Friday, April 20, 2007

*** Coincidences, Chaos and All that Math Jazz by Edward Burger

An entertaining book on complicated topics that most of us slept through during high school and college. The authors do a great job of making the mathematically abstract graspable by our limited brains. Perhaps you'll gain a new appreciation of math from this book. Too bad these guys weren't around to teach us math.

Next time you find yourself in a room with at least 45 people, brag about your power to predict amazing coincidences and announce that in this small group at least 2 people share the same birthday…Why is that you can be so confident?... It turns out that there is a 95% chance of a birthday overlap… To compute the chance that all 45 don’t have the same birthday, we multiply together the individual chances of 365/366 x 364/366 x… 323/366 x 322/366. Notice that each of these numbers is a fraction less than 1, and if we multiply a list of fractions less than 1, the product is extremely small… Roughly speaking the average of these fractions is around .935, so an estimate of this product is .935 to the 44th power, which is approximately 5%. So there’s about a 5% chance that all the birthdays are different. P17-8

On average, what percentage of Americans have 1 testicle and 1 ovary?
Surprise, the average American, has 1 of each since ½ the population has either 2 testicles or 2 ovaries. The average of this population is 1 of each. P 43

Over the past decade, on average, there have been 183 deaths per year in commercial airline accidents (in the US), which is about 1 death every 2 days or one death per 3.4 billion passenger air miles… Auto deaths are 34 times more frequent per passenger air mile. P56 I have to disagree with this reasoning. There’s a major fallacy in this argument. Let’s normalize these statistics by looking at vehicle operation by hour instead of passenger air mile Let’s say that the average plane carries about 110 people, and that average car carries 1.1 people (most trips are solo). Let’s also say that the avg speed of the auto trip is only 35 miles per hour, while the plane’s avg speed is 350 mph. And assuming that if the plane has a fatal crash, only ½ of the passengers die and if the car has a fatal accident, all 1.1 passengers die. So to convert the bogus statistic of fatalities per passenger air miles to vehicle hours, we must factor that plane goes 10 times as fast, and has 100 times as many passengers multiplied by 1/2 for the passengers that die in the plane crash, so each hour it’s passenger air mile figure is 500 times higher than the car. So the fatality rate per hourly vehicle operation is actually 34/500 for the car. Each hour in the car is actually 16 times safer than an hour in the plane. Hour for hour planes are 16 times deadlier – not safer. If you had a 16 hour drive, and the plane trip would cover that distance in 1 hour, it is a push. Shorter distances should be driven, not flown!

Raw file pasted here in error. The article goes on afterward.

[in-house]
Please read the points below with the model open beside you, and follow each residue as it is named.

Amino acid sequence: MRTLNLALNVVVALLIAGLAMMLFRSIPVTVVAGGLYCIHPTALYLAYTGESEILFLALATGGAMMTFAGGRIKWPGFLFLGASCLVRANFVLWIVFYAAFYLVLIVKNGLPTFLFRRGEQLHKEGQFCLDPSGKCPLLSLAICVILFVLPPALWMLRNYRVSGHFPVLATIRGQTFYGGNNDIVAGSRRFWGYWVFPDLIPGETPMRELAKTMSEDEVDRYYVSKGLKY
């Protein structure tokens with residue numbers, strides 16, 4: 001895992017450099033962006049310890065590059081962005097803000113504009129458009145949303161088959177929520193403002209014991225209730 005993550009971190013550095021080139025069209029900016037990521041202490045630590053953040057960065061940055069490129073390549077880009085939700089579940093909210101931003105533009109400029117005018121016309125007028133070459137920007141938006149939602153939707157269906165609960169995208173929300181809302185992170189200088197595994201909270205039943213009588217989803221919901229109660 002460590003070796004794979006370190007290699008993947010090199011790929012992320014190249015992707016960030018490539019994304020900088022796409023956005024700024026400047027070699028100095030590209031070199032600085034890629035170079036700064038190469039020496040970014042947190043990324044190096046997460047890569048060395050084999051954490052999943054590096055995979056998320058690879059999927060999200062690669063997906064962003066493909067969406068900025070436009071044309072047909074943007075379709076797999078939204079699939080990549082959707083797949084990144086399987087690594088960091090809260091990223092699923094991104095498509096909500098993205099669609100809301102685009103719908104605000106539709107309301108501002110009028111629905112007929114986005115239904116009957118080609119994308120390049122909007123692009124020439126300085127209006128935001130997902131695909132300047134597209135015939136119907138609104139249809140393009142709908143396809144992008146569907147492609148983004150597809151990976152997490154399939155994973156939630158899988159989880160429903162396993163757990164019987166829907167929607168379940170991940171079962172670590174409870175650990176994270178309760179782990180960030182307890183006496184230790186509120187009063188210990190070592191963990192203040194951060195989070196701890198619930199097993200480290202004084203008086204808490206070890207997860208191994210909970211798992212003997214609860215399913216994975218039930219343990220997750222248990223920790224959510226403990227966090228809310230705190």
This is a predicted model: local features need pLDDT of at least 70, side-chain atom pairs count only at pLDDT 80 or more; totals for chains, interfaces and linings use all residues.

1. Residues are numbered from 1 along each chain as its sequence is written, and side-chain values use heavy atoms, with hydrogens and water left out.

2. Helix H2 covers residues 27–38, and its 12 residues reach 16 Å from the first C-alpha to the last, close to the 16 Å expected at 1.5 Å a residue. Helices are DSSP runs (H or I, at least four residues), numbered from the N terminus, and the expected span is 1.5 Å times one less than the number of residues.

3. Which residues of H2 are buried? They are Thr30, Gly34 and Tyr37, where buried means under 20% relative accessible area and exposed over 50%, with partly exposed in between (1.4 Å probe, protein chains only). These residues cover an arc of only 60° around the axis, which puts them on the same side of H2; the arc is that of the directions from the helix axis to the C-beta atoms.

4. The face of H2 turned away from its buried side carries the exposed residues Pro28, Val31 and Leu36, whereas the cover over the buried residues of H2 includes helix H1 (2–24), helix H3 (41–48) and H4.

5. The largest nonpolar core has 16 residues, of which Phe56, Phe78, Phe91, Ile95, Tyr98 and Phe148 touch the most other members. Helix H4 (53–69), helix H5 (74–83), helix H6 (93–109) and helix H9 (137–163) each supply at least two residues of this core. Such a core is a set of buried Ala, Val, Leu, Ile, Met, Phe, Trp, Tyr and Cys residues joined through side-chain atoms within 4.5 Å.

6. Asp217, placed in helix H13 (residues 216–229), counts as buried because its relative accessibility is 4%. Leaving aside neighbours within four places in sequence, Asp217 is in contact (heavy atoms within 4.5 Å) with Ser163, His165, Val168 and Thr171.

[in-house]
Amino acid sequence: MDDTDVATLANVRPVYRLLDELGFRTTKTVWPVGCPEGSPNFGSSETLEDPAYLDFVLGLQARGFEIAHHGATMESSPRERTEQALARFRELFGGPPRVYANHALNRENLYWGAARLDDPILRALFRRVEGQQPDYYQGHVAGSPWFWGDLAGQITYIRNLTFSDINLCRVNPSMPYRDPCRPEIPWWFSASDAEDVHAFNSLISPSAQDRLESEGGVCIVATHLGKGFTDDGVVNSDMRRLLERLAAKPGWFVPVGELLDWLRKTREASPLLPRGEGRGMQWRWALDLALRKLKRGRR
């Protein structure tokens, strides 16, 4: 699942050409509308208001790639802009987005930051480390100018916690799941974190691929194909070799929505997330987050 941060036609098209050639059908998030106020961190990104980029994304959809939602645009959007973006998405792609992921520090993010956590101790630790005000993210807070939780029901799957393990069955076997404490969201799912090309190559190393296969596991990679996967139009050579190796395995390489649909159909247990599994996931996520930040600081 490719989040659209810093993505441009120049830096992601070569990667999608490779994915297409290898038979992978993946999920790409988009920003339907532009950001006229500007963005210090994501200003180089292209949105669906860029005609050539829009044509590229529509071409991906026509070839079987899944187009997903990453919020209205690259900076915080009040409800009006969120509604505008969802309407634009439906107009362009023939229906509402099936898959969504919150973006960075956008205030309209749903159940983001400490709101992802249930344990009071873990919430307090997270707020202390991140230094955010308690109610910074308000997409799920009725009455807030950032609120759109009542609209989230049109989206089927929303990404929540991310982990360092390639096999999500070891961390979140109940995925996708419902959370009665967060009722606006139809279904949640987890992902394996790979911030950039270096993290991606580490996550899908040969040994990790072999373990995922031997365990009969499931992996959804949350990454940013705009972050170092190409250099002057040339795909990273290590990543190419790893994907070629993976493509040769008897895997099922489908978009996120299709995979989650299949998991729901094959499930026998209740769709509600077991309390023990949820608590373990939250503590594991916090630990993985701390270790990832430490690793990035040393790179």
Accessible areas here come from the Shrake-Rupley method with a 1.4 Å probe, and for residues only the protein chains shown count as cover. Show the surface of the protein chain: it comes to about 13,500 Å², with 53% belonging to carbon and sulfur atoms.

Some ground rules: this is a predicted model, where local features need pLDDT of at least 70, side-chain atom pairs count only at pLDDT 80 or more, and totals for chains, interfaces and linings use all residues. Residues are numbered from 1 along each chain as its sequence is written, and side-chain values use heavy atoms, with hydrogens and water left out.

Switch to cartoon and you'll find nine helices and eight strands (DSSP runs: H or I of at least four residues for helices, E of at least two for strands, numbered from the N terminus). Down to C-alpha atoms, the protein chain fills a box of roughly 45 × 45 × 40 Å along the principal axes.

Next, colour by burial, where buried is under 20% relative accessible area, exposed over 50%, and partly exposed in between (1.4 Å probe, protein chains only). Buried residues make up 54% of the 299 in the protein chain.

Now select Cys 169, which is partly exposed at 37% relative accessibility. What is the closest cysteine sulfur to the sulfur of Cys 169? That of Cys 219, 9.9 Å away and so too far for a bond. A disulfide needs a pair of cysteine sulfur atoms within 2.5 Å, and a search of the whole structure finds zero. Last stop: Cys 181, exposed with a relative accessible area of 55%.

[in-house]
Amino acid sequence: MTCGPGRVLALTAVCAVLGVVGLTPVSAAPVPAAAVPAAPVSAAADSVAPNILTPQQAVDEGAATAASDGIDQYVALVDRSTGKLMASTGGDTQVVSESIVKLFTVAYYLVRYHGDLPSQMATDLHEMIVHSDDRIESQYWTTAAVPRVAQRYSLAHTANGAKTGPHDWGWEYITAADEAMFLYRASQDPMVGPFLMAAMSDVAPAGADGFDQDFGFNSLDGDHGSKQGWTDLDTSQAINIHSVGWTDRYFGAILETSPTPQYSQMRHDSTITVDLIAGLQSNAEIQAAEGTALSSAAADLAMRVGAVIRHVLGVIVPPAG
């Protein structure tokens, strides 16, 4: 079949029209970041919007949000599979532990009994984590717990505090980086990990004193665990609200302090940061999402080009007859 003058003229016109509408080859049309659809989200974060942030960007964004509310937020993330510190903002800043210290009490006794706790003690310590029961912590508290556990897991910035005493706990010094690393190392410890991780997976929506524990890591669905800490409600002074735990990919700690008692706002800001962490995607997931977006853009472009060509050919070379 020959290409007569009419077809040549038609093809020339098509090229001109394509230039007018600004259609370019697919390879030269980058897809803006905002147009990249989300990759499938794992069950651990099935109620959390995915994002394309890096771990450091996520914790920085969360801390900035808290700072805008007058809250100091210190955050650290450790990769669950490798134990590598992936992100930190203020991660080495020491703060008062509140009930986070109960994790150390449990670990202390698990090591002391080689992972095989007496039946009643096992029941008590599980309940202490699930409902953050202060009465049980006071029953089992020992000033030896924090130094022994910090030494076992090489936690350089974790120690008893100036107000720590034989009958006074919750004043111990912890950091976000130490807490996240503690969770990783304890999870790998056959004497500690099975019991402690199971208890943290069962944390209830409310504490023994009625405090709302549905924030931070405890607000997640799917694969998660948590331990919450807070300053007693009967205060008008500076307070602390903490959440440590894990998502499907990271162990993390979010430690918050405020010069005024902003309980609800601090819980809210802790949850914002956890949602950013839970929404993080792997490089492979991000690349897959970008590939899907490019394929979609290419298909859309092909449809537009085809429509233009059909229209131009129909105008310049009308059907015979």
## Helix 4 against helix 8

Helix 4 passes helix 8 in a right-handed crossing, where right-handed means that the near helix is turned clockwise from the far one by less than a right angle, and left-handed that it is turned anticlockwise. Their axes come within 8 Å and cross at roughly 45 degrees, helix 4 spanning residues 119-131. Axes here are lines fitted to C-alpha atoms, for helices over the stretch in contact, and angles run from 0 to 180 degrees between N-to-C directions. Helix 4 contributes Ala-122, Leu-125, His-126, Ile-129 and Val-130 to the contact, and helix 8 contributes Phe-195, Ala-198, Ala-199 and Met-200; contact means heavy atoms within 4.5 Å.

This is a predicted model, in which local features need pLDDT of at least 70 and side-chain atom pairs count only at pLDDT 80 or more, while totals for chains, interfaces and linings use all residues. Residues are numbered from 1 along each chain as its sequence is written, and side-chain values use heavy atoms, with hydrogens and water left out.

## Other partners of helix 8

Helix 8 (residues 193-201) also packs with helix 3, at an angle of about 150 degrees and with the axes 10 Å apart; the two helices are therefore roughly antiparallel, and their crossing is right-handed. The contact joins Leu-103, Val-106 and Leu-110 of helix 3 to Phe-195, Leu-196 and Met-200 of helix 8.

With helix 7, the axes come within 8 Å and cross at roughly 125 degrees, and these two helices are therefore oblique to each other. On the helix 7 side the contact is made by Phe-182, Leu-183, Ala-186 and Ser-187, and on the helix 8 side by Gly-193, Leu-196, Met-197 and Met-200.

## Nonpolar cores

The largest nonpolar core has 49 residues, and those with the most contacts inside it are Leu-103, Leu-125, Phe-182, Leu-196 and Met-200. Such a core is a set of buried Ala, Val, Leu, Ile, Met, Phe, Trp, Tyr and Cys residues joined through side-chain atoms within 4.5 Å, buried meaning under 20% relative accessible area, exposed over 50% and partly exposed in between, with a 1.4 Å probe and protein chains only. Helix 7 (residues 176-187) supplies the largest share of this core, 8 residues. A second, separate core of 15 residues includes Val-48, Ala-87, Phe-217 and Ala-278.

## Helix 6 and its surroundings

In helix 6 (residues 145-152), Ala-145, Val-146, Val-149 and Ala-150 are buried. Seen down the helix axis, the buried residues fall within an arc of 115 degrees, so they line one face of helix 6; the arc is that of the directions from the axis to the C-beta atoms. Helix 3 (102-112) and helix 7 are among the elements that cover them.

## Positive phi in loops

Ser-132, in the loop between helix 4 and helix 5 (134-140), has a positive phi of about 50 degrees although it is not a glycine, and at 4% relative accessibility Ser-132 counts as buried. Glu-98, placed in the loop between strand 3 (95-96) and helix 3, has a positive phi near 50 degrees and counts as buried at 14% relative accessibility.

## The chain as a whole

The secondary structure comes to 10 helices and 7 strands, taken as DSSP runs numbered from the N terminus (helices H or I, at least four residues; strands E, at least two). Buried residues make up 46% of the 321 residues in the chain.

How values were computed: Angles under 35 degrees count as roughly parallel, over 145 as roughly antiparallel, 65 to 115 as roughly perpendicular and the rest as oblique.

Given that there are about 500,000 HIV positive people in the US population (280M), what is the probability that a person who has a positive test result is actually HIV positive when the test is 99% accurate – that is a false positive or negative occurs only 1% of the time? Again if you tested positive, would you guess that you’re odds of actually HIV were 99%? Well, you’d be relieved that your actual chance is only a meager 17.7%! Here’s why…
Number of people who don’t have HIV= 280M -500K=279.5M
Of the 500K HIV victims, 1% or 5000 will test negative, and 495K will test positive.
Of the 279.5M who are negative, 1% will test positive, or a whopping 2.795M.
The total number of positive cases will be 2.8M. Of these only 495K actually the disease, The odds having HIV after the test are therefore 495k/2.8M or 17.7%. p59